“But I didn’t do anything!” I say. By now I’m starting to get scared. The lawyer reminds me of my right to remain silent and advises me to keep quiet at the police station but to tell the public prosecutor everything. He says we’ll talk more if I’m detained, then shakes my hand and turns to leave. “Please let my mother know I’m okay!” I call out after him. He lifts his hand as if to say “All right.” A policewoman takes me by the arm and leads me back to my cell. She’s from our neighborhood; maybe her mother cleaned houses to put her through school, too. She’s not married yet and right now she can only dream of owning a car.

Two days later they take us out of our cells. They tell us, “You’re due in court.” There are four other women besides me. I sit by the window in the police van. It fills up and off we go. As we make our way from Ulus to Sıhhiye, I find myself staring at the woman behind the wheel of the white Ford Focus right next to us. Definitely a rep for some pharmaceutical company. Well dressed, with a miniskirt and sunglasses that scream “I come from a different part of town!” It’s a company car. This woman’s single, too. She looks happy, but if you ask me, it’s a mask to hide the drama going on underneath. She knows that happiness, like the car she’s driving, doesn’t belong to her; it’s all company property, on temporary loan.

The light just turned green.

The public prosecutor asks short questions and I give short answers. He’s young and still has a whiff of poverty about him. I figure he’s married, probably owns a secondhand Nissan Almera. He’s always hated being poor and now wants to speed away from it all, as fast as he can. He looks me in the face only once. My lawyer says, “There’s no cause for detention,” or something like that. The prosecutor tells us to wait outside. We wait in the hall for a good four or five hours. Once everyone has had their turn, they separate me and fifteen or twenty others and tell us the prosecutor has asked that we be kept in custody until our trial.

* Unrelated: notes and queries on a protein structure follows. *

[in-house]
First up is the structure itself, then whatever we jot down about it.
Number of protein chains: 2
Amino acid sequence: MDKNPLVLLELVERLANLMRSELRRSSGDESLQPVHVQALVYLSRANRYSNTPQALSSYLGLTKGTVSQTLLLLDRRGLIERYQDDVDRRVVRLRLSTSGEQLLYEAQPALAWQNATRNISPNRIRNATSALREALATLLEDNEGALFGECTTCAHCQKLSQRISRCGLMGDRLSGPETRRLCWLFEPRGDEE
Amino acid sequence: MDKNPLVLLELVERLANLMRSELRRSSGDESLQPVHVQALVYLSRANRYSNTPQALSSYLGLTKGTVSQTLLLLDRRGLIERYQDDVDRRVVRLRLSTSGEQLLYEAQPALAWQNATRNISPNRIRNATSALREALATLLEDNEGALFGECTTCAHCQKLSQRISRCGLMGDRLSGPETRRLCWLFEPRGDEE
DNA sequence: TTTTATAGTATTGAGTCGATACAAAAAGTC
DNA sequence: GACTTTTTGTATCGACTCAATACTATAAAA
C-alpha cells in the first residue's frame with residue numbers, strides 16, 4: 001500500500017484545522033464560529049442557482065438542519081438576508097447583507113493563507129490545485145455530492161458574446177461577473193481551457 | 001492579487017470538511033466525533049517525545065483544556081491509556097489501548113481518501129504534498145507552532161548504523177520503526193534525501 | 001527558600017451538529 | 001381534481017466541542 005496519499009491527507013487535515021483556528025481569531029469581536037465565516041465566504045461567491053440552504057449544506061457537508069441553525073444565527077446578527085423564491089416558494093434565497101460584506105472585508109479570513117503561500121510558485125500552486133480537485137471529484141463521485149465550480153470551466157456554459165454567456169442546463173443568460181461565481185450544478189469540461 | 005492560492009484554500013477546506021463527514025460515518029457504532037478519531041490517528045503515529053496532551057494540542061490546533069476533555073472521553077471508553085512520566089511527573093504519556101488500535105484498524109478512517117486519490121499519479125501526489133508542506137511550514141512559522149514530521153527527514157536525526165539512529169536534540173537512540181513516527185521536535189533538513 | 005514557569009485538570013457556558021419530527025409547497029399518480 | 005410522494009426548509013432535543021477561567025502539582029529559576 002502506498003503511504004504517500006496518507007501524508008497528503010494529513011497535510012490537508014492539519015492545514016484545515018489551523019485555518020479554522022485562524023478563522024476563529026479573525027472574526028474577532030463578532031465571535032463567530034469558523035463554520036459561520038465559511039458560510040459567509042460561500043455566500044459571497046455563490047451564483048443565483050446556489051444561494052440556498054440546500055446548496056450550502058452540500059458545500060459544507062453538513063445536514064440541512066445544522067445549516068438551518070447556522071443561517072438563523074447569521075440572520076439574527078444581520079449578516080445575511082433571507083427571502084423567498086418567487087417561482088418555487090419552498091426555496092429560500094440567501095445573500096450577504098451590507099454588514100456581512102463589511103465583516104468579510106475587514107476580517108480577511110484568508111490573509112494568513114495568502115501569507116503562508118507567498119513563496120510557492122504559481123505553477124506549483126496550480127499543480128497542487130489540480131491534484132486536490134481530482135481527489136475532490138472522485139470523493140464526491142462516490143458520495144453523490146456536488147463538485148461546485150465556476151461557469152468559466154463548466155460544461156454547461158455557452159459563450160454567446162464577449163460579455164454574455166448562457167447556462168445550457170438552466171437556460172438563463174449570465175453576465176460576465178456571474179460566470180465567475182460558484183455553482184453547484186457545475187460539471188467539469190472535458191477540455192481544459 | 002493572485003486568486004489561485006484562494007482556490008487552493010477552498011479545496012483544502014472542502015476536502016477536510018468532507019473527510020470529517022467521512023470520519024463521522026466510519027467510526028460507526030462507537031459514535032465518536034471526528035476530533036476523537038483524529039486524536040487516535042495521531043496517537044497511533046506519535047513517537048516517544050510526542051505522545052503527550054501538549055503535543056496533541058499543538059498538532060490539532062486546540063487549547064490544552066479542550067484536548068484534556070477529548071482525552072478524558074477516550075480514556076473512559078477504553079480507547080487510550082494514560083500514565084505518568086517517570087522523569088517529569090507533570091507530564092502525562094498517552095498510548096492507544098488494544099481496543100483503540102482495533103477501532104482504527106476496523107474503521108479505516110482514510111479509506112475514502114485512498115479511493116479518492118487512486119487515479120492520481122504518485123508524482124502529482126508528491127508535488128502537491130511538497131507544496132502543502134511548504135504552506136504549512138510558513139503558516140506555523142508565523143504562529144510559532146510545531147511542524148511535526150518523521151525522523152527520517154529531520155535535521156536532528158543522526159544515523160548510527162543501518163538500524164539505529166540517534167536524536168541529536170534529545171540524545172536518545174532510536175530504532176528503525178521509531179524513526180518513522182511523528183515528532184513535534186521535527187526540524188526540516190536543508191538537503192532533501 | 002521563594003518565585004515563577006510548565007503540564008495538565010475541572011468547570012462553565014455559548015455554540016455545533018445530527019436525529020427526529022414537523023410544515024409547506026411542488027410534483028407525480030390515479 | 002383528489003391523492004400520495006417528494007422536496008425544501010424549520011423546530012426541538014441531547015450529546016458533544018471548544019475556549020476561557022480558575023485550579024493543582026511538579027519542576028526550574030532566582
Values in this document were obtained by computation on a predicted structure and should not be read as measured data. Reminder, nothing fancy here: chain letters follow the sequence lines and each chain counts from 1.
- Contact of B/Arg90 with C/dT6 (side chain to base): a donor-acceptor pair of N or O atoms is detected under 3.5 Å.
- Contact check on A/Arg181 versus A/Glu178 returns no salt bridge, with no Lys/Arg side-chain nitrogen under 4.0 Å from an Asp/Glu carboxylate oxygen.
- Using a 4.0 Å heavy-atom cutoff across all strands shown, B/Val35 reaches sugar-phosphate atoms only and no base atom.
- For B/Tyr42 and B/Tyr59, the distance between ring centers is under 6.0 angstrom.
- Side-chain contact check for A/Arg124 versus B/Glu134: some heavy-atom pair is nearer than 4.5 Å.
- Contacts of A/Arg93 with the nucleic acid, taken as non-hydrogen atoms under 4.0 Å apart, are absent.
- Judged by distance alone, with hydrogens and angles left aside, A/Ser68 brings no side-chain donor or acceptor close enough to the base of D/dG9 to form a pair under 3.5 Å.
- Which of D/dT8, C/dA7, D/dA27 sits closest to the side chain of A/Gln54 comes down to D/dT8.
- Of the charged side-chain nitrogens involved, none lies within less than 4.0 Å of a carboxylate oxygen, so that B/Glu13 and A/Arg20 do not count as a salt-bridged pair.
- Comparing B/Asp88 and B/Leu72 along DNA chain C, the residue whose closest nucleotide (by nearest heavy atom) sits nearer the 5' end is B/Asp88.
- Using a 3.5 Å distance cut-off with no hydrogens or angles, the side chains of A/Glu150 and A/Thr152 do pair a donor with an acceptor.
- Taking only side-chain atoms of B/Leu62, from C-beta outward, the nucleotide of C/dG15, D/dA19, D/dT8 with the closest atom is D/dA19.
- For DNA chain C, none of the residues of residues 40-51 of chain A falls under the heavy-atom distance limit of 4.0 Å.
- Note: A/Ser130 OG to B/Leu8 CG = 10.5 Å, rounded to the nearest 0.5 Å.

“Custody? What do you mean, custody?”
The lawyer tries to console me. A short while later, we’re standing before a judge; he asks me the same questions and I give the same answers. The judge is married; he’s forgotten how it feels to be poor and probably drives a new Škoda Superb, a black one with leather seats.

We speed through the darkness toward Sincan Prison. They won’t let me sit next to the window in the police van, so I spend the entire trip sulking. The only sound comes from the police walkie-talkies. The women guards at the prison entrance tell us to take o our clothes so that they can search us. They’re all from our side of the tracks, and they know they’ll always be down on their luck. They can’t even begin to imagine owning a car. We aren’t the reason they’re poor, but they still treat us like we are.

I’ve been in prison for six months now. I share a cell with seven others, all from our neighborhood—feisty women who know a thing or two, if you catch my drift. My trial’s in two months. My mother comes to see me every week during visiting hours. She’s started cleaning houses again and says Sevgi Hanım sends her best. My mother cried on her first few visits, but she’s holding up better now. It was my birthday last week. My friends made me a car-shaped cake out of cookies; we had a good laugh over that.

I am my father’s daughter. The daughter of a man whose Mustang dreams were crushed beneath a rusty old city bus. A working woman who wound up in prison. I’ve never taken part in a demonstration, not once in my whole life. Being in here, I’ve come to see our neighborhood in a completely different light. And while I may not be in prison much longer, these six months have been enough for me to get to know myself. And there’s an important lesson I’ve learned in here: If you walk with courage and determination, sometimes you can move faster than a car.

My name is Nazan the Cleaning Lady—look out, Ankara, here I come!

–Translated from the Turkish by Amy Marie Spangler and Kate Ferguson.


From Dawn by Selahattin Demirtaş. Used with permission of SJP for Hogarth. Translation copyright 2019 by Amy Marie Spangler and Kate Ferguson.

More Story
Lit Hub Daily: April 24, 2019 365 books to start your climate change library: fiction and poetry edition. | Lit Hub “Street View functioned...

Become a Lit Hub Supporting Member: Because Books Matter

For the past decade, Literary Hub has brought you the best of the book world for free—no paywall. But our future relies on you. In return for a donation, you’ll get an ad-free reading experience, exclusive editors’ picks, book giveaways, and our coveted Joan Didion Lit Hub tote bag. Most importantly, you’ll keep independent book coverage alive and thriving on the internet.